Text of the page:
Mariana Enríquez: “I don’t want to be complicit in any type of silence” | horror books

MAriana Enríquez, 48, lives in Buenos Aires. She is the author of nine books, including two collections of short stories, The dangers of smoking in bed and Things We Lost in the Fire, both translated from Spanish by Megan McDowell. In 2019, Enríquez won Spain’s Premio Herralde, previously awarded to Javier Marías and Roberto Bolaño, for Our part of the night, his first novel to be translated into English, also by McDowell. It follows a father and son whose ability to commune with the dead draws them into a bloodthirsty cult during the days of the Argentine junta. Kazuo Ishiguro wrote last year that the “beautiful and gruesome world” of Enríquez’s writing “is the most exciting discovery I’ve made in fiction in some time”.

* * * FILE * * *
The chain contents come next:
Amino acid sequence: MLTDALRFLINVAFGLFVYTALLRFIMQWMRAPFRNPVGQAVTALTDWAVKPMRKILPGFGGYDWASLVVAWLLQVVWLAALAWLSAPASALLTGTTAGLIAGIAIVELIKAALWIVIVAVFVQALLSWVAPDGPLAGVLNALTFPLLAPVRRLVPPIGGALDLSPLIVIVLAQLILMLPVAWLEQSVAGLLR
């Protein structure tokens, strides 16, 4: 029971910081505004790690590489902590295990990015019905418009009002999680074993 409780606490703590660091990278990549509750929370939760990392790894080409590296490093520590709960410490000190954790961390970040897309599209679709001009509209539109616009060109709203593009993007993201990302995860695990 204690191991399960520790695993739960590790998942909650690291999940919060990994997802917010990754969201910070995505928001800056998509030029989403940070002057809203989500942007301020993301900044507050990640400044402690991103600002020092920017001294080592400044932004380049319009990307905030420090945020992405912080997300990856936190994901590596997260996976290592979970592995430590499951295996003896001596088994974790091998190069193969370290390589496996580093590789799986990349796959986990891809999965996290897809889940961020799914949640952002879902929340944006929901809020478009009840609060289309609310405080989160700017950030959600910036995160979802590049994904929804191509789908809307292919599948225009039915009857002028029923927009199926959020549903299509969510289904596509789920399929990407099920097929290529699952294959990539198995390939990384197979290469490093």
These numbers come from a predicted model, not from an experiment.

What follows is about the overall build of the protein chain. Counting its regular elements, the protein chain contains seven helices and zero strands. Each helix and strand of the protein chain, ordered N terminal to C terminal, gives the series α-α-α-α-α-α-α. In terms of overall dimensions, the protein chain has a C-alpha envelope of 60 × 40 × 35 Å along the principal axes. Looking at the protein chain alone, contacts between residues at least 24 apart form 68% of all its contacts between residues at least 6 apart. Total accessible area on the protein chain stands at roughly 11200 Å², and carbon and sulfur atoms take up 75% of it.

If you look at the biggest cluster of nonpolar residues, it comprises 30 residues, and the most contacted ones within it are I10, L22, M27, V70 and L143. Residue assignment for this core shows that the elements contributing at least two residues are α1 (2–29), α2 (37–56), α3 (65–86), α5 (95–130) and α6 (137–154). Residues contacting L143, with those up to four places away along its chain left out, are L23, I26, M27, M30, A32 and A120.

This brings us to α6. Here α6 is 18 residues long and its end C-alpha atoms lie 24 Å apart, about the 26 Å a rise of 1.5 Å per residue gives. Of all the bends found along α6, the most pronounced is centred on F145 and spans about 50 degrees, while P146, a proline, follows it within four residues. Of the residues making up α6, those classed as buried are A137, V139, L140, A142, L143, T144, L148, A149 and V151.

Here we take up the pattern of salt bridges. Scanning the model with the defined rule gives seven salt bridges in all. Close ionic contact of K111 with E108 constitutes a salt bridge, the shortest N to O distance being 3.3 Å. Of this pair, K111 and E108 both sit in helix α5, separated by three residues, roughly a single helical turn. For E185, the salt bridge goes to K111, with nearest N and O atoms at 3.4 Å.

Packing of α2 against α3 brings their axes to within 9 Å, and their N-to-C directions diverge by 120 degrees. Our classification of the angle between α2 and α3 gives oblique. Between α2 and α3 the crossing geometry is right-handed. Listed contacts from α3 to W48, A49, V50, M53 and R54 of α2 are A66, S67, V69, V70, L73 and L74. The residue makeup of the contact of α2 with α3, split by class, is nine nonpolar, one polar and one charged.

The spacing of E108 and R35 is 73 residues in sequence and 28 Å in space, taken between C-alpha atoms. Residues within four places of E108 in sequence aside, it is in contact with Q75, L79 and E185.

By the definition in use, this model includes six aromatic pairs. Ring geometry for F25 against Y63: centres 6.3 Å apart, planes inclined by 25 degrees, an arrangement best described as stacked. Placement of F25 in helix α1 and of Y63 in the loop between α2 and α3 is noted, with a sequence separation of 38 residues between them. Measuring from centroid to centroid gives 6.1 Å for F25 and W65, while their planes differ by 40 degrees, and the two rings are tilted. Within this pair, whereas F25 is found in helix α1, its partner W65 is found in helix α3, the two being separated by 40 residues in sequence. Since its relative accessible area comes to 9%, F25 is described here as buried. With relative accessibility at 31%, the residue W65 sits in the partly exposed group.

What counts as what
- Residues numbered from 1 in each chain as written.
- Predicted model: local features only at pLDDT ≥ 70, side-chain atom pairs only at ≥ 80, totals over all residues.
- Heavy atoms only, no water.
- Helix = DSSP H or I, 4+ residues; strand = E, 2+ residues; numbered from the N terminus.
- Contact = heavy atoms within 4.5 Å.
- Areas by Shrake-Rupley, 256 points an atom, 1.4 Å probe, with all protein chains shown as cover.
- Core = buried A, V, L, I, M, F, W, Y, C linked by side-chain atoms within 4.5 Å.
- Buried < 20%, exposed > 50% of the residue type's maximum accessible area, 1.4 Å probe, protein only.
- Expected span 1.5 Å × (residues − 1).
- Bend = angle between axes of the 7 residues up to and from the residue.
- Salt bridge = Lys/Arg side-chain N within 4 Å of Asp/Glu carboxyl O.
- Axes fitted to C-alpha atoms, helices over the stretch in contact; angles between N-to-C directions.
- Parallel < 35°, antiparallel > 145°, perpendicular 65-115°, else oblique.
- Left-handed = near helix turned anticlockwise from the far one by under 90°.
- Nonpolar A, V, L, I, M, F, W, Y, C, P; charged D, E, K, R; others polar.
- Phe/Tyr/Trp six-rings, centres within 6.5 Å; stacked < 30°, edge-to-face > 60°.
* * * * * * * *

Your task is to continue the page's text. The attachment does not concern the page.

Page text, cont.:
What attracts you to the horror genre?
It is very difficult to write about Argentina using only realism. In the 50s and 60s, there was a strong tradition of fantastic fiction here: Borges, Silvina Ocampo, Julio Cortázar. Then the whole region became politicized with the dictatorship [1976-1983], the consequences of the Cuban revolution and the intervention of America. This led to the Sartrean dilemma of literature having to be political and about the times, but of course Sartre never said that literature had to be realistic, only that it had to be involved in what was happening. I think what happened to people like me growing up in the 80s and 90s is that slasher movies and Stephen King and twin peaks everything mingled with our reality already full of the language of horror: the disappeared, the children of the dead, the children of the lost generation…